Learning to code is all the rage these days, but not in one place that matters a lot: U.S. schools.
U.S. students already significantly lag their global counterparts where math and science skills are concerned. But computer science is in even worse shape: Of 12 technical subjects examined in a recent study by the National Center for Education Statistics, computer science was the only one that declined in student popularity from 1990 to 2009 (p. 49).
Last year, just 1.4 percent of high school AP students took the computer science exam, compared to almost 40 percent that took exams in English. Far more students took AP exams in Spanish language, psychology, calculus, and history than in programming.
Insufficiencies in school can translate into a bigger problem on an economic level. Each year, U.S. companies need to fill almost 150,000 jobs related to computer science and mathematics, but colleges and universities only graduate about 100,000 students with degrees in those fields.
Bridging The Gap
Recognizing the need for an increased focus in computer science courses in schools, organizations like the nonprofit Code.org are teaming up with industry leaders to promote technology education in both elementary and high schools across the country.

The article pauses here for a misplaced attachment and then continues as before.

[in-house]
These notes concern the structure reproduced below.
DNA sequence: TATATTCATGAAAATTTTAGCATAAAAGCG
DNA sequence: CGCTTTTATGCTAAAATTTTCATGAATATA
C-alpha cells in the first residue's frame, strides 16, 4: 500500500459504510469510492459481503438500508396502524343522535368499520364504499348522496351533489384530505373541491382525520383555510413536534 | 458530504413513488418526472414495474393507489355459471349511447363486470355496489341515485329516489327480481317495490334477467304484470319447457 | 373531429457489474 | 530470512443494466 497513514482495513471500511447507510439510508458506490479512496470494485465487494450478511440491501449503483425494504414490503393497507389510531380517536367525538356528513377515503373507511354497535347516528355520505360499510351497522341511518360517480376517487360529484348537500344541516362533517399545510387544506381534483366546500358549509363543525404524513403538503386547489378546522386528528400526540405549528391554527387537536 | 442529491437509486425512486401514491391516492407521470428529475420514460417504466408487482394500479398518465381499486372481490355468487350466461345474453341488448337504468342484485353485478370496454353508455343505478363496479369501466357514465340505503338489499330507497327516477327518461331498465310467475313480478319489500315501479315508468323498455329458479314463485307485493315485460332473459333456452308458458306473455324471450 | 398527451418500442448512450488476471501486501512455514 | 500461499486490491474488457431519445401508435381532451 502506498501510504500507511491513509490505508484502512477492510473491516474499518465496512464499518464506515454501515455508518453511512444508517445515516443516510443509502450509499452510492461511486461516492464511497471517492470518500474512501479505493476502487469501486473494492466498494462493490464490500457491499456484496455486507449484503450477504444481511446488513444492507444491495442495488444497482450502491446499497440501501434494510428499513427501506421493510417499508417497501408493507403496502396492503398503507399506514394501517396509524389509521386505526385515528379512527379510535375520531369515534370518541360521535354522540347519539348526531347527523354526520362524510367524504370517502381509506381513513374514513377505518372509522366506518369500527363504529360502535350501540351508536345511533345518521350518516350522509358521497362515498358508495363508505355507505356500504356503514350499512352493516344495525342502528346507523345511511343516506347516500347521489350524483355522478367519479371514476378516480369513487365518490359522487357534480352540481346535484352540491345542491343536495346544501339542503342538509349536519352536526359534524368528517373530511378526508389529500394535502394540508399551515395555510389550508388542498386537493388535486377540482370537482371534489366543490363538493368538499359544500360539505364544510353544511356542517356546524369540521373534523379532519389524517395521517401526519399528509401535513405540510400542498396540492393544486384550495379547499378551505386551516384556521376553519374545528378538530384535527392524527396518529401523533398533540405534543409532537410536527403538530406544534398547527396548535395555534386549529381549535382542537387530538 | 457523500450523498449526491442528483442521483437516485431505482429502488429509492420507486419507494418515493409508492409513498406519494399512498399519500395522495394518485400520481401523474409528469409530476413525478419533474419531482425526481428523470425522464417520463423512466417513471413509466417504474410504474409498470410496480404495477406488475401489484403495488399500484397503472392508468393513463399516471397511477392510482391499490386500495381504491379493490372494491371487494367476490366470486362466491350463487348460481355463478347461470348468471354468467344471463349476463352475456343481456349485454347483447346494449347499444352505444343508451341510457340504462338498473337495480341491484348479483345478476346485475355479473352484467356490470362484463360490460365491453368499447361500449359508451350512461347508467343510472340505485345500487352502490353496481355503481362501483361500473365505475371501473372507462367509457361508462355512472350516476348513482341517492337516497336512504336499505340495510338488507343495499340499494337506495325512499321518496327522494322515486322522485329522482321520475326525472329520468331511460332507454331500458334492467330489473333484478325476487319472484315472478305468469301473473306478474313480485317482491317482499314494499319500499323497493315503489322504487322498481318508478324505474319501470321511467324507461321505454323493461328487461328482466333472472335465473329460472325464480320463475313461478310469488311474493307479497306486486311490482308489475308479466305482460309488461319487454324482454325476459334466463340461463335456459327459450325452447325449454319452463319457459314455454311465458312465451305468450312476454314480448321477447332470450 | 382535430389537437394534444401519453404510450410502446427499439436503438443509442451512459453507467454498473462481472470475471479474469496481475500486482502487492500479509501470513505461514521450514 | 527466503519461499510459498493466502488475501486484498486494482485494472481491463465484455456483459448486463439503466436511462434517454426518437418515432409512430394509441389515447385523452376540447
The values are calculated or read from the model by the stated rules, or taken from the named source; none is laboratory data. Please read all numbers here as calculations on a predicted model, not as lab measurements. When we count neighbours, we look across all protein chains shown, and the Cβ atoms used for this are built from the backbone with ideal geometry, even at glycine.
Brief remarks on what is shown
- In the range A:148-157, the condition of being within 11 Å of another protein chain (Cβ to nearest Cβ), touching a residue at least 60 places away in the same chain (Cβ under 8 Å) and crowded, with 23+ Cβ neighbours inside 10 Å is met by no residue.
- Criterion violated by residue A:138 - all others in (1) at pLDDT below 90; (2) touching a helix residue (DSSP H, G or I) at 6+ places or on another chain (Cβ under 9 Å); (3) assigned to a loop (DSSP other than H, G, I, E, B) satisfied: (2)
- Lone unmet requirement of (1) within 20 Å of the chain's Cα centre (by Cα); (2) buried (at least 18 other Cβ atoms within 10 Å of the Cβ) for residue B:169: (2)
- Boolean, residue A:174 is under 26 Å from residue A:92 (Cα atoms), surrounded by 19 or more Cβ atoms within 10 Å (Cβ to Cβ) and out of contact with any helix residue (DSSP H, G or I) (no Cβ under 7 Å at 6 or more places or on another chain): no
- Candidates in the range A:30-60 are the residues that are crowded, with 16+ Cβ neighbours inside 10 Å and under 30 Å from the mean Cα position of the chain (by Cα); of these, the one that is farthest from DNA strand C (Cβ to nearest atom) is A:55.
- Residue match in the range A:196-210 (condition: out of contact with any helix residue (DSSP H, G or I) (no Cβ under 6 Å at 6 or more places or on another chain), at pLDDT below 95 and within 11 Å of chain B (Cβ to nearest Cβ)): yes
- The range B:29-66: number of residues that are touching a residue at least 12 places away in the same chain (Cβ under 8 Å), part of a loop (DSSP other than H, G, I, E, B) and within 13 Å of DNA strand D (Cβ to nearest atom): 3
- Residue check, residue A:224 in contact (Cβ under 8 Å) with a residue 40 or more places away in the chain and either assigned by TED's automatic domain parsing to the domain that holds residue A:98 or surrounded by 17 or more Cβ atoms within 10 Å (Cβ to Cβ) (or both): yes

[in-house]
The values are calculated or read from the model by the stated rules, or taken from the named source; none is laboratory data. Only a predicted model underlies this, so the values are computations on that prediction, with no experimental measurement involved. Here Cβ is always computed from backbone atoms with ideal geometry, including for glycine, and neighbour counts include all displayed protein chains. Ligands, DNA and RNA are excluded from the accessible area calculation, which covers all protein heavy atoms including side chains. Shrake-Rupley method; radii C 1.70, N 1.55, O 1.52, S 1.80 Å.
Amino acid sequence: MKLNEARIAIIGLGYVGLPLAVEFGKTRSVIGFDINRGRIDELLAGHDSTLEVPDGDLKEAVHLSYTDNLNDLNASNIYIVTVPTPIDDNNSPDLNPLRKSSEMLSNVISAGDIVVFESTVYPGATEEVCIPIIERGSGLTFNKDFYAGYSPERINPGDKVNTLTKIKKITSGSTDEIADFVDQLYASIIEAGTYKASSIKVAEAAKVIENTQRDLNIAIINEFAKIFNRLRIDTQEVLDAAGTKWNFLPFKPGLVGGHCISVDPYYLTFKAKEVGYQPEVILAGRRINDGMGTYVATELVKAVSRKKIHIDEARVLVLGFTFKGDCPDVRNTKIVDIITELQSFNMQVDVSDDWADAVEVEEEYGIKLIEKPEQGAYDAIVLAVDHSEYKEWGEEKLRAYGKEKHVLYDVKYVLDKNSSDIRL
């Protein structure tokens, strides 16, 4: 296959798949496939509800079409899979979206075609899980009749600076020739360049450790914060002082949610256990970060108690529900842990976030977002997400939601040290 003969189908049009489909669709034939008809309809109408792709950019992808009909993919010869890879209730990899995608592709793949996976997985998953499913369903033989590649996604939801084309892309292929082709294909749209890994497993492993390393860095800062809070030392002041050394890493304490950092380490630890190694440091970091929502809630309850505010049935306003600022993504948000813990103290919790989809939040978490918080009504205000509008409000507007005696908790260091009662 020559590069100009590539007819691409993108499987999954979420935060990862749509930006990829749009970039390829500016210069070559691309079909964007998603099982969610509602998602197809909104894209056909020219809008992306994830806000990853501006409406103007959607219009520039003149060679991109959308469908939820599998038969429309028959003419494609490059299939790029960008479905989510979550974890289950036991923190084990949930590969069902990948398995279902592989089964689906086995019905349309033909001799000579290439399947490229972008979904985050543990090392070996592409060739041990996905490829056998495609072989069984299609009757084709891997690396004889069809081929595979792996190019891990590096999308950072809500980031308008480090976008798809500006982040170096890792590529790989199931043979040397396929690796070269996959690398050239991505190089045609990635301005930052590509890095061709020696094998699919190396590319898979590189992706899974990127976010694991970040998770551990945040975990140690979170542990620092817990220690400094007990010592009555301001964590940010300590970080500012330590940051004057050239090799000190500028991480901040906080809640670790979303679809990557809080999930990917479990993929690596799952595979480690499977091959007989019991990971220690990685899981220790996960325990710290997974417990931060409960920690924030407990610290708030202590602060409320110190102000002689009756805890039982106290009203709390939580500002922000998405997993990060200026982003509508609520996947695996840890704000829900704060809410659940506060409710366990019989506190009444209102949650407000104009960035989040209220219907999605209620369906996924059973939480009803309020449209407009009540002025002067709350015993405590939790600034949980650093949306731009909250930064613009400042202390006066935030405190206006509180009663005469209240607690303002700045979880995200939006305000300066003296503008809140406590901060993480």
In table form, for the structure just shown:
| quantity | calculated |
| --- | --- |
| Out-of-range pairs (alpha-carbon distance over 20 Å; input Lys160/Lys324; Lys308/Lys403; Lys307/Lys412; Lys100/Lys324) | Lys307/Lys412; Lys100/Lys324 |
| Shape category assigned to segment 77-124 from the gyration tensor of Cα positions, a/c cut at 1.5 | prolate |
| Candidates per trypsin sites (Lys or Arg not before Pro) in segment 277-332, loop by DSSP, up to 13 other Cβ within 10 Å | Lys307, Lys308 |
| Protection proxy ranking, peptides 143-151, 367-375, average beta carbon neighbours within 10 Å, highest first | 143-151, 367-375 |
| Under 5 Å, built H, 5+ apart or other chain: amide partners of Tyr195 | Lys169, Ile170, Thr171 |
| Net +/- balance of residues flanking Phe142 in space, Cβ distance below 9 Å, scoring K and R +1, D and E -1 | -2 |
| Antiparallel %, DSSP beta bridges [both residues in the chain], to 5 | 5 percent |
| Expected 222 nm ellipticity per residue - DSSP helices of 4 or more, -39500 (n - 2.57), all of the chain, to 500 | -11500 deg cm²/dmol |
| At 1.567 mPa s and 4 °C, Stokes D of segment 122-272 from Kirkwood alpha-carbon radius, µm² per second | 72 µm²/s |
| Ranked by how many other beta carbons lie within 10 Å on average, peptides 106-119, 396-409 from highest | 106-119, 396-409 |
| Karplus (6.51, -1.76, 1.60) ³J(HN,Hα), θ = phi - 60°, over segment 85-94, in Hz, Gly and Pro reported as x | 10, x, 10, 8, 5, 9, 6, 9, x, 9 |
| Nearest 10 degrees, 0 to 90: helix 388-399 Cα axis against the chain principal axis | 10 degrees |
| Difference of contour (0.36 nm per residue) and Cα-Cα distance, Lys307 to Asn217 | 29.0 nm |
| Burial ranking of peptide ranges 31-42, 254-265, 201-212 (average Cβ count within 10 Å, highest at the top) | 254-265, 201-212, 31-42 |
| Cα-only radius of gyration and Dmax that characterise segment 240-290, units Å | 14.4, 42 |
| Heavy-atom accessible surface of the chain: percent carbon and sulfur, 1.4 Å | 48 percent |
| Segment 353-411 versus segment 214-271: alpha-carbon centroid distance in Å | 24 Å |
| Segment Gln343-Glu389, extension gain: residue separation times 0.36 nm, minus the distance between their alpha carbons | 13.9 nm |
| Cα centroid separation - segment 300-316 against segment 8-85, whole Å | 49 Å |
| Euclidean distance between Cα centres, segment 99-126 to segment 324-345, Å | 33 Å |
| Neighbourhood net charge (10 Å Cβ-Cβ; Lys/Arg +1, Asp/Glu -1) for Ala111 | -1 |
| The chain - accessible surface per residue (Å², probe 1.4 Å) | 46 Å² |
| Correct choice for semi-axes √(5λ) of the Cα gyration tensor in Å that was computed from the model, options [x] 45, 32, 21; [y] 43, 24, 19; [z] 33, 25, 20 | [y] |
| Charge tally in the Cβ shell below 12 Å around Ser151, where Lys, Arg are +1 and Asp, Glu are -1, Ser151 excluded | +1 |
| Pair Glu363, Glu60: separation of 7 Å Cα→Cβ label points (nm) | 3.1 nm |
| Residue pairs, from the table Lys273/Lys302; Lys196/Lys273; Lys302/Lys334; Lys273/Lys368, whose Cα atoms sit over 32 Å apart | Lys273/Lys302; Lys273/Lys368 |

Code.org believes all students in America should have the opportunity to learn computer science, and recently announced the first step in its plan to educate them. The Hour of Code initiative is a one-hour introduction to computer science, designed to help kids and educators understand coding. The organization will provide both online and “unplugged,” or paper, tutorials and materials designed to assist teachers with the education process.
“Bringing computer science to every kid is the gift the tech industry needs to give back to America,” Code.org cofounder Hadi Partovi said during the Hour of Code launch event on Monday.
The Hour of Code will take place during Computer Science Education Week, December 9-15, and will encourage teachers to include one hour of computer science in that week’s curriculum. The organization is using game-like tutorials including Angry Birds and Plants vs. Zombies to drum up excitement for coding in the classroom.
Code.org is supported by leaders in technology and education including Bill Gates, Mark Zuckerberg, former president Bill Clinton, NBA star Chris Bosh, and actor Ashton Kutcher.
Paypal cofounder Max Levchin said that teaching young students how to code is critical for maintaining economic competitiveness in the 21st century.
“I think learning how to code, learning how the vast majority of everything around them works, literally, that is to say Internet of Things, and many other trends like it,” he said. “Having that knowledge will prepare children in the generations to come to participate in the economic development of the world.”